USG has gotten a fair deal of press given Warren Buffett’s holding in the company and its emergence from Chapter 11 Reorganization to handle its asbestos liability claims. Plenty of folks are calling it a bargain, and some are itching to keep buying, but to temper myself I took a more in depth look at the company to get a feel for what it’s worth.
First things first. In summary fashion, the plan of reorganization and the company’s own plan to finance it are as follows: The company has paid $3.95 billion to a trust established under section 524(g) of the Bankruptcy Code which will be used to fund all past, present, and future asbestos liabilities. With over 100,000 cases previously brought against the company, at least they won’t have to bother with them again.
The company is financing this large sum with a combination of available cash, the use of an approximately $1.1 billion tax loss carryback expected in 2007 thanks to net operating losses incurred in connection with establishing the original asbestos reserve, and proceeds from a “Rights Offering,” in which shareholders had the right to purchase an additional share at $40 for each share they owned. With Berkshire Hathaway backstopping the offering, almost 45 million shares were sold, for net proceeds to the company of $1.7 billion. Despite the dilutive effect of the rights offering, I believe this combination was an intelligent way to finance the nearly $4 billion liability (of course, it helps that $1.1 billion of the liability is going to be financed by benefits received from the original loss incurred by it).
With this success and Buffett’s purchase and commendation of the company, it’s no wonder many are tempted. So now let’s look at the operating business, independent of the now bygone liabilities. USG is the top producer of gypsum wallboards and boasts a strong brand image (ever heard of Sheetrock?), low-cost producer status, and great economies of scale. It’s qualitative moat, if you will, rests on the fact that anyone, even with tremendous resources, will have difficulty achieving the scale, distribution, and cost structure of USG’s main product lines, and will probably have a tough time replacing Sheetrock’s brand image. Given management’s experience and its top-notch performance in bankruptcy court, you can rest assured that the company is in good hands.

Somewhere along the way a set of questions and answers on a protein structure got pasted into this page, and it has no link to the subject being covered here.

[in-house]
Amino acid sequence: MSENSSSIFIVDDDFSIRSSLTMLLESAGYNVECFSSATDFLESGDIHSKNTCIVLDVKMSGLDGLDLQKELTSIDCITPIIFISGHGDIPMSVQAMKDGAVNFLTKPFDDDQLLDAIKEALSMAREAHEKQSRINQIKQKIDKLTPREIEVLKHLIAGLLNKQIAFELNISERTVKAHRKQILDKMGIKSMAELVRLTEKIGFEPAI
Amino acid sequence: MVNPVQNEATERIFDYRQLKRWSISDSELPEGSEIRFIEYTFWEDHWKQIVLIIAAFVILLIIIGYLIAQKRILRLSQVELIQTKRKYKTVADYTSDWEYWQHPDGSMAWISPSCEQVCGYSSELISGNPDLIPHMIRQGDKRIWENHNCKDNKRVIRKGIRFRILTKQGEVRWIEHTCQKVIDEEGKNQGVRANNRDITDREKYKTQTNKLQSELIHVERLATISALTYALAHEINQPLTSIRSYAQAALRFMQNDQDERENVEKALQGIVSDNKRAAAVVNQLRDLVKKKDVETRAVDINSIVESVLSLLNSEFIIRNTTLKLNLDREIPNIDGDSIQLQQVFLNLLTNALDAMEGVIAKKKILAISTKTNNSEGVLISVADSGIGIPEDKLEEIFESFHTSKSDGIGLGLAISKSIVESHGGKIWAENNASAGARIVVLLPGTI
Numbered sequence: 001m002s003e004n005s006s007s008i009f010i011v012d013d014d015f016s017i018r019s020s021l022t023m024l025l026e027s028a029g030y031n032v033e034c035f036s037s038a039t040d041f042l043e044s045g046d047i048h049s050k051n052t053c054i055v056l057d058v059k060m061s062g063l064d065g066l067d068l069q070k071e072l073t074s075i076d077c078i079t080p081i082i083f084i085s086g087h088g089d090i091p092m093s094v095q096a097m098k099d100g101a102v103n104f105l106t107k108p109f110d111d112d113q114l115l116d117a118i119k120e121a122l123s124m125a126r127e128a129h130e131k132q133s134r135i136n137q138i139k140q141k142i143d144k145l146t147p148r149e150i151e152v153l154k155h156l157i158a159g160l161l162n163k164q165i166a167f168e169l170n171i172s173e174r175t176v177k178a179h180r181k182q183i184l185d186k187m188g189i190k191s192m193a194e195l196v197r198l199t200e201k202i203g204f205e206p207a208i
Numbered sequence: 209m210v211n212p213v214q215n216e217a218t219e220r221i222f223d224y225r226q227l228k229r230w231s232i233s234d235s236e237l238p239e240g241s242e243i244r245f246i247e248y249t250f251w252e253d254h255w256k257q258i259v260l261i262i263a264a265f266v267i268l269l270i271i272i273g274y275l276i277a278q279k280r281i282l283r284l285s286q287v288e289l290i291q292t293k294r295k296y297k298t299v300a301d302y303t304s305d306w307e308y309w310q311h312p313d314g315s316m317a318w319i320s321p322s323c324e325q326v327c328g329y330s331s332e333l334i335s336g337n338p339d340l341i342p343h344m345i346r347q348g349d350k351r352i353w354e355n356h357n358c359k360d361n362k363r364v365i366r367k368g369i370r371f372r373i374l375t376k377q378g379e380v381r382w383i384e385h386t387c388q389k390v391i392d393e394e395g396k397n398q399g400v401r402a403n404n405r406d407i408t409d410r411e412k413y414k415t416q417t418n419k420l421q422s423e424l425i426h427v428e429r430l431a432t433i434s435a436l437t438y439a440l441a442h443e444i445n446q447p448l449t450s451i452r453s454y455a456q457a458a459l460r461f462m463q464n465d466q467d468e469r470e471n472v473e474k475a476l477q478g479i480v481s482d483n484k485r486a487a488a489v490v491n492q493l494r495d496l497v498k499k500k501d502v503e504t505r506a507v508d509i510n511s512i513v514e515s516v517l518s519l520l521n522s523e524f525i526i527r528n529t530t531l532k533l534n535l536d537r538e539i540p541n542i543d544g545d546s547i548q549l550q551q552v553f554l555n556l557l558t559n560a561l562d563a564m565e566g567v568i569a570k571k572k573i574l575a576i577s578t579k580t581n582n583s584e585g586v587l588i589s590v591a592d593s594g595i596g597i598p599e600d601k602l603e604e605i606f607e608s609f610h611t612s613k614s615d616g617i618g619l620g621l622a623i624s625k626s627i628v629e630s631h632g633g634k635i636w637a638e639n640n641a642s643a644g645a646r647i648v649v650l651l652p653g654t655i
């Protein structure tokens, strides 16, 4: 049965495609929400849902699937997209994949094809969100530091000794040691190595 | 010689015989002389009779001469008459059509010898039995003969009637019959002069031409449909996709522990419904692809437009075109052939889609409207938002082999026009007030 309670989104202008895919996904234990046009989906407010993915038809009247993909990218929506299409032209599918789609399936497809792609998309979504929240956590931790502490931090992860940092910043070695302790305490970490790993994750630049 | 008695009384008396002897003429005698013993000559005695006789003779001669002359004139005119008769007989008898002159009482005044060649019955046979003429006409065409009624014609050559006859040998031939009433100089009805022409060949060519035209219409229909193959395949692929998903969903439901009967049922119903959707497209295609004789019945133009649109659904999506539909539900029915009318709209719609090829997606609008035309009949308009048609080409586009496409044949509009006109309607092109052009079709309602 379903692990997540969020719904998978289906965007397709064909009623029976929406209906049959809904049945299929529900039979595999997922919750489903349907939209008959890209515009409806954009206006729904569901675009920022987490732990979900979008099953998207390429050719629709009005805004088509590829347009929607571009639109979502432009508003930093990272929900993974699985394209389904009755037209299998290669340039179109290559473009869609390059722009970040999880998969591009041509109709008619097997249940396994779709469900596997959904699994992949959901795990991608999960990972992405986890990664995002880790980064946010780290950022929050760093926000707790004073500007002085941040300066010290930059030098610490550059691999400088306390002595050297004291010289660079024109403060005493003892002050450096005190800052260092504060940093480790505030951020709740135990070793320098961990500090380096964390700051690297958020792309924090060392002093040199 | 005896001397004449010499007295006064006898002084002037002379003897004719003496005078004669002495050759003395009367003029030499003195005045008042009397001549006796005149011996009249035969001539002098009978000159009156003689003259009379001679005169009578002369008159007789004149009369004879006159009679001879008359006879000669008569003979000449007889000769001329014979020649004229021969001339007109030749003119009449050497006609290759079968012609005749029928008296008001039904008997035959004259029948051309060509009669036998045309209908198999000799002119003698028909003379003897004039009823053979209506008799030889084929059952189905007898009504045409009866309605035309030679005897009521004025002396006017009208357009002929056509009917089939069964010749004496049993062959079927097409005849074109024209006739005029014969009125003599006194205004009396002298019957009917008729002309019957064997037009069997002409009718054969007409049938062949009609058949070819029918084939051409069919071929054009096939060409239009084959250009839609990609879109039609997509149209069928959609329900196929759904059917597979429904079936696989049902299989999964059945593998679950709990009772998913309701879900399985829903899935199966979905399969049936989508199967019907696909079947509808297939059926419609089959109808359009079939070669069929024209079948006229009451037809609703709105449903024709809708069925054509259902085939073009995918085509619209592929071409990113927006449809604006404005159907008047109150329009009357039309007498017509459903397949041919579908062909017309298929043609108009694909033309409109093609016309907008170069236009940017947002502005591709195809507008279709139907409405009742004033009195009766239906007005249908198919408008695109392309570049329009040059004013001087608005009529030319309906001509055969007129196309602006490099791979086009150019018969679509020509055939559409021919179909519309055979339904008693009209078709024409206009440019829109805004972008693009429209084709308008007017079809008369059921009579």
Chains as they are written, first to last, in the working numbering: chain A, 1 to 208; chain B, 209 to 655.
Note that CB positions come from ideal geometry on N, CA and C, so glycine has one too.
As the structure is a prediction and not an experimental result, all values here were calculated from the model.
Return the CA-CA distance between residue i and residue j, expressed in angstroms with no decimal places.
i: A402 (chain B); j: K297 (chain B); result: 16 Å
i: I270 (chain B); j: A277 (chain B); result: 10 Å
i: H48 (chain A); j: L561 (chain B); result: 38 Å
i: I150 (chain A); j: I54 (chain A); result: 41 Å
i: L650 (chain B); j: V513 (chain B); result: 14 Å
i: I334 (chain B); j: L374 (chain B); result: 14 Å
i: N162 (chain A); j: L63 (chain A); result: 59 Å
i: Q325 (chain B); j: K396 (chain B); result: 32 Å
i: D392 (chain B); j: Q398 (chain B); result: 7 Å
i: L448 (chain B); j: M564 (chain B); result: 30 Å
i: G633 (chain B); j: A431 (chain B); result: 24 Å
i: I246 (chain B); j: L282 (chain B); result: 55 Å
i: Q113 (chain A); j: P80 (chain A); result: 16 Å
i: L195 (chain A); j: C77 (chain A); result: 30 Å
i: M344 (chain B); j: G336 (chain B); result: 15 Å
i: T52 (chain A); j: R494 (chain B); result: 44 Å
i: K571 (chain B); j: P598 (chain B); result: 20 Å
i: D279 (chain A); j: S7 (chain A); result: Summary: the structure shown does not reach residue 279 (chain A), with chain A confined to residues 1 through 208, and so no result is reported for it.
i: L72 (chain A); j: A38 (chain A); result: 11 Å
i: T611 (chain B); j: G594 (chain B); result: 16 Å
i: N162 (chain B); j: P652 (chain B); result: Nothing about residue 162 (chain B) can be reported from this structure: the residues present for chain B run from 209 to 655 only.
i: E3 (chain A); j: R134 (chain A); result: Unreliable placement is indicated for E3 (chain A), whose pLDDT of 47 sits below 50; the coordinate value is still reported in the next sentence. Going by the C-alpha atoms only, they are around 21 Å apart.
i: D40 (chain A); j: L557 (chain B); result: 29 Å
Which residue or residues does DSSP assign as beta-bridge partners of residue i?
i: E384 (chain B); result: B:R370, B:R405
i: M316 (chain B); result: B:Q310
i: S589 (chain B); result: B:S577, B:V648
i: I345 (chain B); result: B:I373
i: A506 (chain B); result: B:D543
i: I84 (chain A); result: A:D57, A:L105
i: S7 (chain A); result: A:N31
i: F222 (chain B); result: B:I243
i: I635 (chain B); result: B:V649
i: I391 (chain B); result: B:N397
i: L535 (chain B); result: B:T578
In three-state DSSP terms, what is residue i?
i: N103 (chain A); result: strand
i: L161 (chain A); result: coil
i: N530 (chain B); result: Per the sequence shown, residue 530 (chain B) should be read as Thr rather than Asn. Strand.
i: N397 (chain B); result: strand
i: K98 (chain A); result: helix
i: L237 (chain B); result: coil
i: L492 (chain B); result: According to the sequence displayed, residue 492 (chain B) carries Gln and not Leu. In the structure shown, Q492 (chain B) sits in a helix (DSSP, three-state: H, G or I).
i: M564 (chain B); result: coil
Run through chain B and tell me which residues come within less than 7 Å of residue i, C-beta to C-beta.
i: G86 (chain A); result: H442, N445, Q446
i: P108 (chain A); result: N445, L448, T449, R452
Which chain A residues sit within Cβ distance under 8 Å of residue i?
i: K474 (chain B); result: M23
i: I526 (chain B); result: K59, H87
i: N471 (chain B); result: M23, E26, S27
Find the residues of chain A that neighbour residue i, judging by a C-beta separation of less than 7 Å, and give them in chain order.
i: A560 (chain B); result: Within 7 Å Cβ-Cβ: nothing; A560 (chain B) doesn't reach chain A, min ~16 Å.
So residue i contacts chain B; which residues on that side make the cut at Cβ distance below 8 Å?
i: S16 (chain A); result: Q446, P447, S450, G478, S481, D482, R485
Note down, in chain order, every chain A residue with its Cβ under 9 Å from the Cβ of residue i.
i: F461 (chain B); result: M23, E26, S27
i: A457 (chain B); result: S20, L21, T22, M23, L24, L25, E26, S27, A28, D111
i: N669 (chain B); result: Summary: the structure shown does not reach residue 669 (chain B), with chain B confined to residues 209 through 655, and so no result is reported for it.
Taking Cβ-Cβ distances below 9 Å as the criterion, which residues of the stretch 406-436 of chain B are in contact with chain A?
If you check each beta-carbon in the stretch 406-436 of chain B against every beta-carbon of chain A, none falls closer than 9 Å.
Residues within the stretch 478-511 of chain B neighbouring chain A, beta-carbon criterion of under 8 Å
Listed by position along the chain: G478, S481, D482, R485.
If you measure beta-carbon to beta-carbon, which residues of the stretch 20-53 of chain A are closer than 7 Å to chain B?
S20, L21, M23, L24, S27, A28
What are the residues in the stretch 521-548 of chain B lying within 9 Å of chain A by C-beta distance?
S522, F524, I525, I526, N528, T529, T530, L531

Regular operations (prior to distored earnings from last year) sport a high return on equity and strong cash flows. The company has been successful in expanding its top and bottom lines over the long term. While plenty of pundits predict slowdowns in the residential property sectors and hence USG’s sales, the company draws over half of its revenues from commercial buyers. And regardless, the long-term, big picture is more important than trying to predict the next swing in the housing market. So, what about the valuation.
Before getting too giddy about Buffett’s buying, investors should consider 1) that he originally purchased shares at bargain basement prices in 2001 and 2) that his recent accumulation of shares was done at $40-45 (as opposed to the current $55 pricetag). Also, keep in mind that his costs were partially offset by USG’s $67 million fee to Berkshire Hathaway for backstopping the rights offering. Thus, enthusiasm tempered, we can try to look at a DCF.
Generally speaking, I don’t like quoting anything near precise figures for any DCF, since the output is only as good as the inputs, and because if the analysis doesn’t scream at me as giving a huge margin of safety, I’m not too interested anyway. That said, I estimate the value of the shares to be somewhere between $50 on the low end and $85 on the high end. I know, I know, that’s a wide discrepancy, but like I said, I think seeking a high degree of safety (a margin of error) is paramount to seeking a high degree of precision. Considering the limited downside and potential 60%+ upside, investors looking to coat-tail Mr. Buffett may still do reasonably well in USG, though no one should expect many-fold increases with high probability (though I’m the first to admit it is possible).